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An Early Evaluation of Intel’s Optane DC Persistent Memory Module and its Impact on High-Performance Scientific Applications

Authors: 
Michèle Weiland (EPCC), Holger Brunst (TU Dresden), Tiago Quintino (ECMWF), Nick Johnson (EPCC), Christian Herold (TU Dresden), Antonino Bonanni (ECMWF), Simon Smart (ECMWF), Olivier Iffrig (ECMWF), Adrian Jackson (EPCC), Mark Parsons (EPCC)

This paper will be presented at SC19 in Denver, Colorado, USA in the Improving Next-Generation Performance and Resilience session on Thursday 21 November 2019, 2.00-2.30 p.m., Location 405-406-407.

It will subsequently be published in the Proceedings of the International Conference for High Performance Computing, Networking, Storage, and Analysis.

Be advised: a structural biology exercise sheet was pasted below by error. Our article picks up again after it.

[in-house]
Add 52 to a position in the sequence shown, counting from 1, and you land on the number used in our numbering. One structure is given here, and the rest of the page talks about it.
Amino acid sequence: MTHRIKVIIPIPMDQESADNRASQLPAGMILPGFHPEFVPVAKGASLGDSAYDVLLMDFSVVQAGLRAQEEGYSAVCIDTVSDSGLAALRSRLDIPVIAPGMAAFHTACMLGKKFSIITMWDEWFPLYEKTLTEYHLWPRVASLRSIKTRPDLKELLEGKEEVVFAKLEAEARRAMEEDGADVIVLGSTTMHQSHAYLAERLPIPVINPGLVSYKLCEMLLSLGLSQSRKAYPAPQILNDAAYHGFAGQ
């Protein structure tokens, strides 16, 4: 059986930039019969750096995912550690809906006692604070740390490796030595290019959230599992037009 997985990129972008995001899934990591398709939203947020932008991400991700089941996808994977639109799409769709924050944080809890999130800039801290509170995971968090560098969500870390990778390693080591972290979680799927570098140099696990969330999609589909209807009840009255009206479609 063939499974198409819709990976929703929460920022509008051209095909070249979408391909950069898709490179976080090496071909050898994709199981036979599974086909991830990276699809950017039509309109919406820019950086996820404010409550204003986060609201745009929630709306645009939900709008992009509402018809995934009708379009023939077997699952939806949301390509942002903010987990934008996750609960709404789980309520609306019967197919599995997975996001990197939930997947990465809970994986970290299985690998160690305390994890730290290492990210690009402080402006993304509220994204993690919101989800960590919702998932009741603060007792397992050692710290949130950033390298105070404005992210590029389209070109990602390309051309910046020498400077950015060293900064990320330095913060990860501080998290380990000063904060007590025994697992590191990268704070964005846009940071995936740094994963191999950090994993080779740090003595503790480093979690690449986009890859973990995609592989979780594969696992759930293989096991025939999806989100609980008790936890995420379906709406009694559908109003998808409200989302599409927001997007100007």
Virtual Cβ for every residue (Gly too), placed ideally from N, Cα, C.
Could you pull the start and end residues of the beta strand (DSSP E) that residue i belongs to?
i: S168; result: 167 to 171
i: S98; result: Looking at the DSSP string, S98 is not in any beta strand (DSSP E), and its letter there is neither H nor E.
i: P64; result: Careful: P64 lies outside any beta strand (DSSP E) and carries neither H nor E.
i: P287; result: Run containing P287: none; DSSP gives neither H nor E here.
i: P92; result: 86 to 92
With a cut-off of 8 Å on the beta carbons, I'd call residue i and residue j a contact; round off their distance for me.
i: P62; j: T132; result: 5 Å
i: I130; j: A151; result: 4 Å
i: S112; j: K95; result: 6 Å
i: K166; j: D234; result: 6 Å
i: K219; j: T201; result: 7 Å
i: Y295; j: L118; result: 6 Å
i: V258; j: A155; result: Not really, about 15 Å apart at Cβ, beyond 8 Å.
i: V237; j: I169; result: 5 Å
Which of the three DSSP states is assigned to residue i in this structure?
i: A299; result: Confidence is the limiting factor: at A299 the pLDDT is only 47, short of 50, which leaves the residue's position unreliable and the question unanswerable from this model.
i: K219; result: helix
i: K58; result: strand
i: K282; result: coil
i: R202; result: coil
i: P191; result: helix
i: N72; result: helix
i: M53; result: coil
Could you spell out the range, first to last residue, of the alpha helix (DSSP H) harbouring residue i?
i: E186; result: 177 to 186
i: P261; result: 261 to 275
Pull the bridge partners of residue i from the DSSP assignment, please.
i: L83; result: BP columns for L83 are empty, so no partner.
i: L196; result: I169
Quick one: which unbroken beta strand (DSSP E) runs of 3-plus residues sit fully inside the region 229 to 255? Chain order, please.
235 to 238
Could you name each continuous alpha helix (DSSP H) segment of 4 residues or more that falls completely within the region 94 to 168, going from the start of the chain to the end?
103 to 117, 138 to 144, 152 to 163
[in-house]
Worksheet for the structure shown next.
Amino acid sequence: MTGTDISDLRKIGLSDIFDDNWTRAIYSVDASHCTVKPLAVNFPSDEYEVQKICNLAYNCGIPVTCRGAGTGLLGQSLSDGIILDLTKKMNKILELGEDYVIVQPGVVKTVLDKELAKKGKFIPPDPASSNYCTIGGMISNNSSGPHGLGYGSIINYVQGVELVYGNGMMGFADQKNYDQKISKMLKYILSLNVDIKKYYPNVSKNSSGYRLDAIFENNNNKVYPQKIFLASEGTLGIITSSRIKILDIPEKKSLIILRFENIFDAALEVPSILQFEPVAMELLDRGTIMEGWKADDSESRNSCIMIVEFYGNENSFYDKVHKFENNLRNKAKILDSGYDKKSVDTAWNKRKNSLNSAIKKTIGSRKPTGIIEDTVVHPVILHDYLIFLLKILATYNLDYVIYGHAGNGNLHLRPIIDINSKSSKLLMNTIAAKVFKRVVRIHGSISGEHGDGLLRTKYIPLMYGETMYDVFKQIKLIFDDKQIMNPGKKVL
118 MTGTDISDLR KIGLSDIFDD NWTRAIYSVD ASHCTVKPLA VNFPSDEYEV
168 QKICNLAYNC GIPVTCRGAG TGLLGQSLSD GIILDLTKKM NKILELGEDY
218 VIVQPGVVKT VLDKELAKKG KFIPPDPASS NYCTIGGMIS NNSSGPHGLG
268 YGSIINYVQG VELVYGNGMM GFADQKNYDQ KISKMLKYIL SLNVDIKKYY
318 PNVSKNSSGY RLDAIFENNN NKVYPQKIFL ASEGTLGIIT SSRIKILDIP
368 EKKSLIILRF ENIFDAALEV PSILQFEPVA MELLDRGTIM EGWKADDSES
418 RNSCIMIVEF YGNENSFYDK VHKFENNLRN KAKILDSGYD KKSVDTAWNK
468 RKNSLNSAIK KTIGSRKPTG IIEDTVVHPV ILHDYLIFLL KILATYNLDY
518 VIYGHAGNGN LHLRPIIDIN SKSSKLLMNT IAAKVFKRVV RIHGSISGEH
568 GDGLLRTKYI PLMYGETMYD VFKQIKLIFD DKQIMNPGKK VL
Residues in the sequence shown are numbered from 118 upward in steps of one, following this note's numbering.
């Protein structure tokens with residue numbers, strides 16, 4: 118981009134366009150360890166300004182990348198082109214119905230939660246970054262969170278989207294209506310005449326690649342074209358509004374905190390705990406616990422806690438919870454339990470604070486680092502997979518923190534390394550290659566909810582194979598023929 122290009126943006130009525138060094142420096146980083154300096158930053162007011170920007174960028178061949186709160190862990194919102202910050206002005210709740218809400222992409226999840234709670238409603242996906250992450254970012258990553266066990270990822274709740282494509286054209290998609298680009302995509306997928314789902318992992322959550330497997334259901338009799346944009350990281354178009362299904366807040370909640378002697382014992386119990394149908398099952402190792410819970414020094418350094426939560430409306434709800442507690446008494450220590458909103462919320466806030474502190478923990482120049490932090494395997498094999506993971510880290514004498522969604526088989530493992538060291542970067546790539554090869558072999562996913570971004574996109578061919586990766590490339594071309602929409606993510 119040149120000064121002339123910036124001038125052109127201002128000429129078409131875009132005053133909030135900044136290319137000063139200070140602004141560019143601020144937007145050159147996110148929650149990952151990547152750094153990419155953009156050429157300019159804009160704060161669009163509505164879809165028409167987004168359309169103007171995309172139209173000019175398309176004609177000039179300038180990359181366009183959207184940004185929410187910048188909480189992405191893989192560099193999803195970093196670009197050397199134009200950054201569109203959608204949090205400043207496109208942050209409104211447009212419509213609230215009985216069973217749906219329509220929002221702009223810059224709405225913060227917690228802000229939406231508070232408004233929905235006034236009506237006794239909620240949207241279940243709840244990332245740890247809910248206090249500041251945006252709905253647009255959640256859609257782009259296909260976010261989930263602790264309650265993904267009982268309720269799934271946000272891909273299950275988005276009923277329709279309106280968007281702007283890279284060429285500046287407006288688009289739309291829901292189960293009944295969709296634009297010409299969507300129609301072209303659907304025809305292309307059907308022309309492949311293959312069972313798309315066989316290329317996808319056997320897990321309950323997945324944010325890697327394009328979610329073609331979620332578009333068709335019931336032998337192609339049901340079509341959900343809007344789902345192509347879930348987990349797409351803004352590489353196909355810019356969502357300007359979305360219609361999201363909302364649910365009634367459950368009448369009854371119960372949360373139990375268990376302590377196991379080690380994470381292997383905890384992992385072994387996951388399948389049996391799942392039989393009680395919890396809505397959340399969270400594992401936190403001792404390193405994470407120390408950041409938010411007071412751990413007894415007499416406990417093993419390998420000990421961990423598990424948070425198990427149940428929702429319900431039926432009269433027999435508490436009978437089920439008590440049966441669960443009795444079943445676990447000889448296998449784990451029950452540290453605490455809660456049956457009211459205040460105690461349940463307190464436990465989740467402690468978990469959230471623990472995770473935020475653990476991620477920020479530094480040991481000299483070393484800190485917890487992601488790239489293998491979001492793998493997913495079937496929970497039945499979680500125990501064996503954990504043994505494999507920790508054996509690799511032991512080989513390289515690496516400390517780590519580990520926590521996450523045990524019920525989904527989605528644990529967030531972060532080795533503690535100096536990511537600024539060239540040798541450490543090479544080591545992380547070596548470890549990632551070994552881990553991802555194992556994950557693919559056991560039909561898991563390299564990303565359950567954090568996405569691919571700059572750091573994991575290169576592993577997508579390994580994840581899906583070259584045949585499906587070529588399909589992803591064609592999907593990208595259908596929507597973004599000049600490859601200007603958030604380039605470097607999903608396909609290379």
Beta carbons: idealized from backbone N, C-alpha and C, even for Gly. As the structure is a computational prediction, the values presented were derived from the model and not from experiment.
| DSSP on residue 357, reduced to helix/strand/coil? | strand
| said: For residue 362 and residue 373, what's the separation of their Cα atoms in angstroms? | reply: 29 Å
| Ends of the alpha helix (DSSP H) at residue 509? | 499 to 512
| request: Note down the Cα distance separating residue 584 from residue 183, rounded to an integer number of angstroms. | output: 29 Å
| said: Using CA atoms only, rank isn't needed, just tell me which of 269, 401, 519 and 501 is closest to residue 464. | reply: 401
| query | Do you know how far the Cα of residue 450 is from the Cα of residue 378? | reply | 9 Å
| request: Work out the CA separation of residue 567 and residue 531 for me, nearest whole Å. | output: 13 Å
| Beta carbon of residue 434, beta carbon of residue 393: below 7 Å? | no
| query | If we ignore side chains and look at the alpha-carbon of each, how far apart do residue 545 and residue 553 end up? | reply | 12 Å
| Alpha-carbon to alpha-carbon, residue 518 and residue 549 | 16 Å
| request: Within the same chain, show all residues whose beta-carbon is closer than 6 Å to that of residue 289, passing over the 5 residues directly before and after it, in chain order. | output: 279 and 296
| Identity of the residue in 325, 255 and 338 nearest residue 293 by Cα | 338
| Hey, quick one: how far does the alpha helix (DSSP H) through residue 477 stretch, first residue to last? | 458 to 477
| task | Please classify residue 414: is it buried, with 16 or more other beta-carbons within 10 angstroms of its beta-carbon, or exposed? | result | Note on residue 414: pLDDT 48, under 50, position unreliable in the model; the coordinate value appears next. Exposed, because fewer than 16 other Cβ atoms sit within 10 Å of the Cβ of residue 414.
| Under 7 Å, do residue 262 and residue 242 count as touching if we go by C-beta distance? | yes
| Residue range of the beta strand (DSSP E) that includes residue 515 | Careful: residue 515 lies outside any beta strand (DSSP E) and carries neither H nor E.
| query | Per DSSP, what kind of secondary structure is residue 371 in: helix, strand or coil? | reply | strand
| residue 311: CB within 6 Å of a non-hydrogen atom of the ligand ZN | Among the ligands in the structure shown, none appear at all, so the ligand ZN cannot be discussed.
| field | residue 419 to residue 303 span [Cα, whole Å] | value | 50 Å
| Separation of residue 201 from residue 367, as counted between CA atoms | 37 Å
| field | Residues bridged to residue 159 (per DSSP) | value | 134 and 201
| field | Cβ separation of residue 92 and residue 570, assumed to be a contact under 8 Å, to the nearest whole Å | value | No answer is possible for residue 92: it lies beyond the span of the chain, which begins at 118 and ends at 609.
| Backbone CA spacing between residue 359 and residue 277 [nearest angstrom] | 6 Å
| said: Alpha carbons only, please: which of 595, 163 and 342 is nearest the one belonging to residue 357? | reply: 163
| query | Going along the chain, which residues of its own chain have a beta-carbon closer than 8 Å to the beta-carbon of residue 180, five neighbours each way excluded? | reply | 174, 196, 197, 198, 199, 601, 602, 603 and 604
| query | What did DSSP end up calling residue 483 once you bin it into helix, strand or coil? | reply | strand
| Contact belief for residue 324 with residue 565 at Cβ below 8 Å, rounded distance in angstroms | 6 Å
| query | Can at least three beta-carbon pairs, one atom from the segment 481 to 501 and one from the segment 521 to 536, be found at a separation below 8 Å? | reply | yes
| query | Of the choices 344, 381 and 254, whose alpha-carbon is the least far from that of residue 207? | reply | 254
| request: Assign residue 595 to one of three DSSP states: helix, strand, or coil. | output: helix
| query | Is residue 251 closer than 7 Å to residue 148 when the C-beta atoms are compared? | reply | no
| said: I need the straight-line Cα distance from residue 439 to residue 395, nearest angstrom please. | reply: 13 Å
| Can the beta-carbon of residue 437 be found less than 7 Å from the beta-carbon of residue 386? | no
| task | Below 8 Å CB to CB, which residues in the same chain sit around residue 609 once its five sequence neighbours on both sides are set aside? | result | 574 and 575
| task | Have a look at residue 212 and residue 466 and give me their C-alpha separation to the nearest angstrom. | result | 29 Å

Abstract: Memory and I/O performance bottlenecks in supercomputing sim- ulations are two key challenges that need to be addressed on the road to Exascale. The recently released byte-addressable persistent non-volatile memory technology from Intel, DCPMM, promises to be an exciting opportunity to break with the status quo, with unprecedented levels of capacity at near-DRAM speeds. In this paper, we explore the potential of DCPMM in the context of high- performance scientific computing using two distinct applications in terms of outright performance, efficiency and usability for both its Memory and App Direct modes. In Memory mode, we show that it is possible to achieve equivalent performance and better efficiency for a CASTEP simulation that struggles with memory capacity limitations on conventional DRAM-only systems without needing to introduce any changes to the application. For IFS, we demonstrate that using a distributed object-store over the NVRAM devices reduces the data contention created in weather forecasting data producer-consumer workflows. In addition to presenting the impact on two applications, we also present results for achievable memory bandwidth performance using STREAM.